As for volume tolerance, that can be hard to pin down...it's highly individual, can change over time due to many factors both related and unrelated to training, and can be hard to separate from other particulars of your current training program (intensity, rest periods, frequency, etc.) But in general if you're feeling reasonably rested and recovered when it comes to training particular muscle groups the next time around, you're probably tolerating the volume you're doing well enough insofar as it represents just one part of your overall program.

As to whether you'd want to increase volume when you're feeling recovered, it depends. Really the answer would be to do so only if and when you need to (in order to keep progressing). I can't say it any better than Lyle himself, so I'll quote from one of his free articles. This pertains to prematurely employing more advanced training methodology (including higher volume) than one needs to at any particular point in his or her career:

Quote:
Not only is this not terribly productive, it can actually be detrimental to long-term progress. Even if the person doesn’t get injured or burned out by doing too much too soon, they run into another big problem: by using advanced methods early on, trainees are limited when they do manage to reach a more advanced stage. That is, if someone jumps into high volumes or advanced training methods right out of the gate, they run into problems later on when they actually need to increase something. If volume is already high, increasing it further is difficult if not impossible. And if advanced methods are being used too early, there’s nothing left to break plateaus when they occur later on

Put a little bit differently, one goal of all training should always be to get the most adaptations/gains in performance with the least amount of training. That way, when gains slow down, there is actually room to increase things. Start too high to begin with and you’ve got nowhere to go when you actually need to do it.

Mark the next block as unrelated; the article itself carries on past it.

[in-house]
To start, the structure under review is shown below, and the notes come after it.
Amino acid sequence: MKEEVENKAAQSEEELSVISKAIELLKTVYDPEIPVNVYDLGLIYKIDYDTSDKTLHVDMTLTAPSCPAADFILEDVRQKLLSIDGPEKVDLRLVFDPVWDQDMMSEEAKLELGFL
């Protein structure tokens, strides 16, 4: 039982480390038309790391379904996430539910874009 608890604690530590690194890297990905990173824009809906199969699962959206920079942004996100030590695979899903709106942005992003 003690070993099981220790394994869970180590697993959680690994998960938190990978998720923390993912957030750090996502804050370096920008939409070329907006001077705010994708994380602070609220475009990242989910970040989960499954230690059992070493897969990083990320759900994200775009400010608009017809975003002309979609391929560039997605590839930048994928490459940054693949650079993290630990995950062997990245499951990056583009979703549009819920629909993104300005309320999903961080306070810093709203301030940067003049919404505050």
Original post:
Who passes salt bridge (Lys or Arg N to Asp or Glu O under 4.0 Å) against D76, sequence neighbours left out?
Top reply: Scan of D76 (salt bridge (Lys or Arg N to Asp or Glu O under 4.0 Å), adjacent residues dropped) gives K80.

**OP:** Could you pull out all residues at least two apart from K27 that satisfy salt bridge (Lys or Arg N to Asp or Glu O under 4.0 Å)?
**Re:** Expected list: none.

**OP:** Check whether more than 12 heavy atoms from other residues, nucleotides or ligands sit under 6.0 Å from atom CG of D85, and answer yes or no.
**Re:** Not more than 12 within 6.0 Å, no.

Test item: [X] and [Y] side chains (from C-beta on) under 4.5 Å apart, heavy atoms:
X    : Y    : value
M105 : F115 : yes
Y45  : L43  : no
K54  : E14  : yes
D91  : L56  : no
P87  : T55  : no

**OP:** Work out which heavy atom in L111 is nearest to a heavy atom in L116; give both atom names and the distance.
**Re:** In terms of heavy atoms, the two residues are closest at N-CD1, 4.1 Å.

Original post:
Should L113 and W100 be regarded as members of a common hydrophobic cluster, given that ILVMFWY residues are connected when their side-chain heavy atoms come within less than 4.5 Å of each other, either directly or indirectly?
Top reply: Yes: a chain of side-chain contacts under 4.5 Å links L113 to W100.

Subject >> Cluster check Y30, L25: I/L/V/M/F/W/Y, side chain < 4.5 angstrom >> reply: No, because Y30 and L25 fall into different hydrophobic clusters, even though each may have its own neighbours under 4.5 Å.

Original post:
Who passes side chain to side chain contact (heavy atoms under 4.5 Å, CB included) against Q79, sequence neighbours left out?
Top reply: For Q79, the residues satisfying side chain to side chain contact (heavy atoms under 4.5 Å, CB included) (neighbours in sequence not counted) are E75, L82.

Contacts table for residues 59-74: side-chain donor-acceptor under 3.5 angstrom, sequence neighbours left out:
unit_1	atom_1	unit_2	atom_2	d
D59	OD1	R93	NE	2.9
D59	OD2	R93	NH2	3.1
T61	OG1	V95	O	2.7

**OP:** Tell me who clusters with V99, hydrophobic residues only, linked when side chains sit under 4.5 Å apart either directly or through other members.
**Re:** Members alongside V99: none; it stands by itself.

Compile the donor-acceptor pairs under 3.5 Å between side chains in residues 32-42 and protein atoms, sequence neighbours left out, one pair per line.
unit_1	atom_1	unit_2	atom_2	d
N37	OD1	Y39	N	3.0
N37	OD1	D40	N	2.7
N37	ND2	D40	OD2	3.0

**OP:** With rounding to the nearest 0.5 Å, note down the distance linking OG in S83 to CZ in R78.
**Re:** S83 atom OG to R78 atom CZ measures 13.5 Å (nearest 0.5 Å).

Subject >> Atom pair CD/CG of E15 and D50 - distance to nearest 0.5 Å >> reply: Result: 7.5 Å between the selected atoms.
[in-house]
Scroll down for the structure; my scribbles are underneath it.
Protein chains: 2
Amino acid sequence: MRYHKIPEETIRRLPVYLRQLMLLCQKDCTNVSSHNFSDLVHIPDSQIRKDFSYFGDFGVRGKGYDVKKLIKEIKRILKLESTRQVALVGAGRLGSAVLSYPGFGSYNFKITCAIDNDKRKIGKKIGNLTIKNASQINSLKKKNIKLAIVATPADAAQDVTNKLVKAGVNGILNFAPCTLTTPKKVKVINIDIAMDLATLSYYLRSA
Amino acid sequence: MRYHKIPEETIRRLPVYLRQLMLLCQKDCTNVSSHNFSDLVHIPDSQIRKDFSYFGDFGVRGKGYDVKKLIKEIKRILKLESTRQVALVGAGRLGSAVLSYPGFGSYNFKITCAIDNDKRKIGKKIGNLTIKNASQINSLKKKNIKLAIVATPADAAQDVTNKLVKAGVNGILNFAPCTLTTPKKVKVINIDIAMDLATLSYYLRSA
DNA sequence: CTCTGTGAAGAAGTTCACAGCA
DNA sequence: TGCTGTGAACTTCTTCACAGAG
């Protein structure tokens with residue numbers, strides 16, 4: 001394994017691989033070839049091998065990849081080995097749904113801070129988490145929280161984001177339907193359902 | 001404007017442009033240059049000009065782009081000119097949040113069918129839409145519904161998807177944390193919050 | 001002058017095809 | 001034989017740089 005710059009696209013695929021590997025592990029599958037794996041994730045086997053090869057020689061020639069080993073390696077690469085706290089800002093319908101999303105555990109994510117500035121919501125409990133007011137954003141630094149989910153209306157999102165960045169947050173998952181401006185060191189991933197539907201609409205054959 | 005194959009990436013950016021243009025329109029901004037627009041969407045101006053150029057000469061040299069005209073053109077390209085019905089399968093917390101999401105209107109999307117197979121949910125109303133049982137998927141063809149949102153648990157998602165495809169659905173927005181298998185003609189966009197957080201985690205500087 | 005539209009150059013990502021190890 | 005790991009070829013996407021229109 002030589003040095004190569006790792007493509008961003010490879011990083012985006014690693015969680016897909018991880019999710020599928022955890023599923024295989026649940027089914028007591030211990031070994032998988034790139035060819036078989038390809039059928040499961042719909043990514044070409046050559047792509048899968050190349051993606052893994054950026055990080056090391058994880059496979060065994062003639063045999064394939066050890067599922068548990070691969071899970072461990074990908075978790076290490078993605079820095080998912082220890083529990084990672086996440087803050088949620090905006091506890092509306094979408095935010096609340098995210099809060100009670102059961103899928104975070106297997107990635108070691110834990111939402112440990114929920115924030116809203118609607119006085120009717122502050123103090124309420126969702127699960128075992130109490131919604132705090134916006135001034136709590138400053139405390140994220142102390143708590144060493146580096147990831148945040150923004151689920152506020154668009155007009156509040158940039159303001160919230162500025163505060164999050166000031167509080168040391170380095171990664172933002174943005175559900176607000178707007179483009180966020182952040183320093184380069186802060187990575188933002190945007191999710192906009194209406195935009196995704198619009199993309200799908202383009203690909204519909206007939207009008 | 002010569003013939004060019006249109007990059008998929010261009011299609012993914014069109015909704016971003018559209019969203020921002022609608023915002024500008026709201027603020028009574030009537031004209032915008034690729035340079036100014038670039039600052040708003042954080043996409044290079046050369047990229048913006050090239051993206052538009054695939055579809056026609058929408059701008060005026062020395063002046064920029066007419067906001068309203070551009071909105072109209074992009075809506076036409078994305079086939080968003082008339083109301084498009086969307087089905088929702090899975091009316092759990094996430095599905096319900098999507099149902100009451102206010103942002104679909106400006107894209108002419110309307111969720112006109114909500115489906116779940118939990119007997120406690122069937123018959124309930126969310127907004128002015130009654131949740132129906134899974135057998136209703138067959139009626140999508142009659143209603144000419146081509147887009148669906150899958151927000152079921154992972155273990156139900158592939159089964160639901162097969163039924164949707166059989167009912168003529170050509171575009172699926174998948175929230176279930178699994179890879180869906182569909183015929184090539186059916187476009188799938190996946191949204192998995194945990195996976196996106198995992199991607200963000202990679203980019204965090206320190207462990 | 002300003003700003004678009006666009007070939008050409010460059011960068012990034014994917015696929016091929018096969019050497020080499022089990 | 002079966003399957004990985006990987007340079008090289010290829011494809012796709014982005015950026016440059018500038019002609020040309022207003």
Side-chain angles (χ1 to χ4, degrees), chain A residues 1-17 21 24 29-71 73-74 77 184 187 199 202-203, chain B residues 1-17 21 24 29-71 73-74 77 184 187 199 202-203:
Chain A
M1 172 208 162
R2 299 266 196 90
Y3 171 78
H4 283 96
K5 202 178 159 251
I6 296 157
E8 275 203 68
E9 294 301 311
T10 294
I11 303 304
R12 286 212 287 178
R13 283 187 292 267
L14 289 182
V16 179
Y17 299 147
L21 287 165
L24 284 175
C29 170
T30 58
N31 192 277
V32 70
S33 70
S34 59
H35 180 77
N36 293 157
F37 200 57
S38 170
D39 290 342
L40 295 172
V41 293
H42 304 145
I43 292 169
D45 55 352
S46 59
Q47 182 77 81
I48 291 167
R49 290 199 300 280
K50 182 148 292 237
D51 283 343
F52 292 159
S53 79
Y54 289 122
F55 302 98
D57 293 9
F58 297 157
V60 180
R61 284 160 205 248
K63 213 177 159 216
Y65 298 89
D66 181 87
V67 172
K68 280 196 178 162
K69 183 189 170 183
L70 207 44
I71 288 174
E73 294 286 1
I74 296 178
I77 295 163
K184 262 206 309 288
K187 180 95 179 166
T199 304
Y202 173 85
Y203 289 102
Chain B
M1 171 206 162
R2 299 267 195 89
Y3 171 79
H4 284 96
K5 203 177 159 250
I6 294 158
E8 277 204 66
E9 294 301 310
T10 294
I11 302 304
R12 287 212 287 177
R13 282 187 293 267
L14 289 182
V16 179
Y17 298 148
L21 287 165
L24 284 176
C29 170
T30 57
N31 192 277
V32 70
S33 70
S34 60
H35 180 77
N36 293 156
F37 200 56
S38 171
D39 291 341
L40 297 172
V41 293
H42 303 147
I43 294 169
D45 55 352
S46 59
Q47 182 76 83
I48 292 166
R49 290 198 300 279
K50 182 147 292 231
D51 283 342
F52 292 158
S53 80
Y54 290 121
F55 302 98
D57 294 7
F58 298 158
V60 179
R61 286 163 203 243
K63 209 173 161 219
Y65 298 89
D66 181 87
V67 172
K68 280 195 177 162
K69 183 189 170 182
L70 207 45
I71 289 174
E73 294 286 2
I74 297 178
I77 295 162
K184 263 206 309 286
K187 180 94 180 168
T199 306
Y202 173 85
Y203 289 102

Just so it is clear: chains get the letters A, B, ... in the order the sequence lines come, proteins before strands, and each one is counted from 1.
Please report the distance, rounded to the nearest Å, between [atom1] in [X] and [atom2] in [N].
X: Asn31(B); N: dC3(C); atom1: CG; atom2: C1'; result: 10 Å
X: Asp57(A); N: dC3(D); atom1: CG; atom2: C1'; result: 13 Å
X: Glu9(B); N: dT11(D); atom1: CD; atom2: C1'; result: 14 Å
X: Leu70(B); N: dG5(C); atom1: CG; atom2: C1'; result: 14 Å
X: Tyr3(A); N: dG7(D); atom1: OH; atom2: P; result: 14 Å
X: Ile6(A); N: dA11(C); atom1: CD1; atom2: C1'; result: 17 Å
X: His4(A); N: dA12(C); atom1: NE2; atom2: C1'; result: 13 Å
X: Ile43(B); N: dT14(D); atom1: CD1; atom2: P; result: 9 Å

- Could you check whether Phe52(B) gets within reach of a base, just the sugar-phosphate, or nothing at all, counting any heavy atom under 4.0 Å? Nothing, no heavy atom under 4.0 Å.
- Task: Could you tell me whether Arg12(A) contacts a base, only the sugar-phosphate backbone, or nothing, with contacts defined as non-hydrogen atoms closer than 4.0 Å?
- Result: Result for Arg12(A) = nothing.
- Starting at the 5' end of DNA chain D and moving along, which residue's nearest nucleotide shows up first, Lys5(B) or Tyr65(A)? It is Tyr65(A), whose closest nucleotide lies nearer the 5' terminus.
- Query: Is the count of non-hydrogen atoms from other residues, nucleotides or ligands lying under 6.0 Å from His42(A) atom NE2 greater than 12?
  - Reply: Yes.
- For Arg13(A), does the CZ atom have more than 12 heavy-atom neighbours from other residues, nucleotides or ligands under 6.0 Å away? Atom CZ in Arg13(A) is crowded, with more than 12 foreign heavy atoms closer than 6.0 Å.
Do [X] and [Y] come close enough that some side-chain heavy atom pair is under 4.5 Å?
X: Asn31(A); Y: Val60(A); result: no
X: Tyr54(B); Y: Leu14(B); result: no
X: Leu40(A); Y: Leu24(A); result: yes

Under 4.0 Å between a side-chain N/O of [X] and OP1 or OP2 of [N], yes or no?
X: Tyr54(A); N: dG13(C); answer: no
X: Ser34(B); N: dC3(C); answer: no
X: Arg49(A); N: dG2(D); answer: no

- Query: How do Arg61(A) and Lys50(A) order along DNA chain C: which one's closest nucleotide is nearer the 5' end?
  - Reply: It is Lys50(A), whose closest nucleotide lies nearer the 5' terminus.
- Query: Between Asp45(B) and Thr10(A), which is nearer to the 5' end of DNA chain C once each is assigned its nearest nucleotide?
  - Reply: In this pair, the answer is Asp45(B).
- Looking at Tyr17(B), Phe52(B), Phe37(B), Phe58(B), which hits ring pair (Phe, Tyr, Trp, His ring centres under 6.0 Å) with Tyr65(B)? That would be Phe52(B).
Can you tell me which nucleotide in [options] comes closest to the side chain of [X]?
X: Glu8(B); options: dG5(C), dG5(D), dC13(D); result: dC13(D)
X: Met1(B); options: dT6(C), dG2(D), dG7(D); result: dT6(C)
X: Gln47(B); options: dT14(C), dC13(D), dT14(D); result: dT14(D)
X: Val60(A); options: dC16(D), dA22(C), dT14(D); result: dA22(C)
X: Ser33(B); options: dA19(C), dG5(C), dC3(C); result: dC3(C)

Put a bit differently, if you can get the same gains out of 3 hours/week of training vs. 6 hours/week of training, you’re better off training 3 hours/week. That way, when 3 hours/week stops working, you have room to increase to 4 hours/week then 5 hours/week then 6 hours/week. If you start at 6 hours/week and stop progressing, you’ve got nowhere left to go.
So for your benching example...if you're feeling recovered and you're progressing with the three sets, keep at it. If progress stalls but you're still feeling fine and recovered, then consider adding that additional set as one possible way to spur further progress. If progress stalls and you're feeling burnt out and run down, consider a deload of some sort or some other manner of temporary reduction in intensity and/or volume.

By the way, the quote of Lyle's is from Beginning Weight Training Part 1 (https://www.bodyrecomposition.com/mu...g-part-1.html/) If you haven't been over there to browse the free articles he's got posted, I'd highly suggest doing so. There aren't many places you can go to score free gold, but that's one of them.
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  #9  
Unread 10-20-2017, 01:10 PM
kc2010 kc2010 is offline
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Quote:
On your current routine I would drop dips for extensions.
In light of the overall set up on push day, that'd be my inclination as well.
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  #10  
Unread 10-21-2017, 02:03 PM
alexz1993 alexz1993 is offline
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Thanks a lot for the answer. Thats what I will do, and I will try Lyle routine next.

to answer the question : I have been lifting for a year and few months so far, so I'm not that experienced yet too

Also I have another question: Is PPL a good way to workout (6 days a week)? or it's stupid and too much volume for the average person ?

Upper Lower > PPL ?

on website like bodybuilding people seem to say PPL is one of the best, but it seems a bit much to me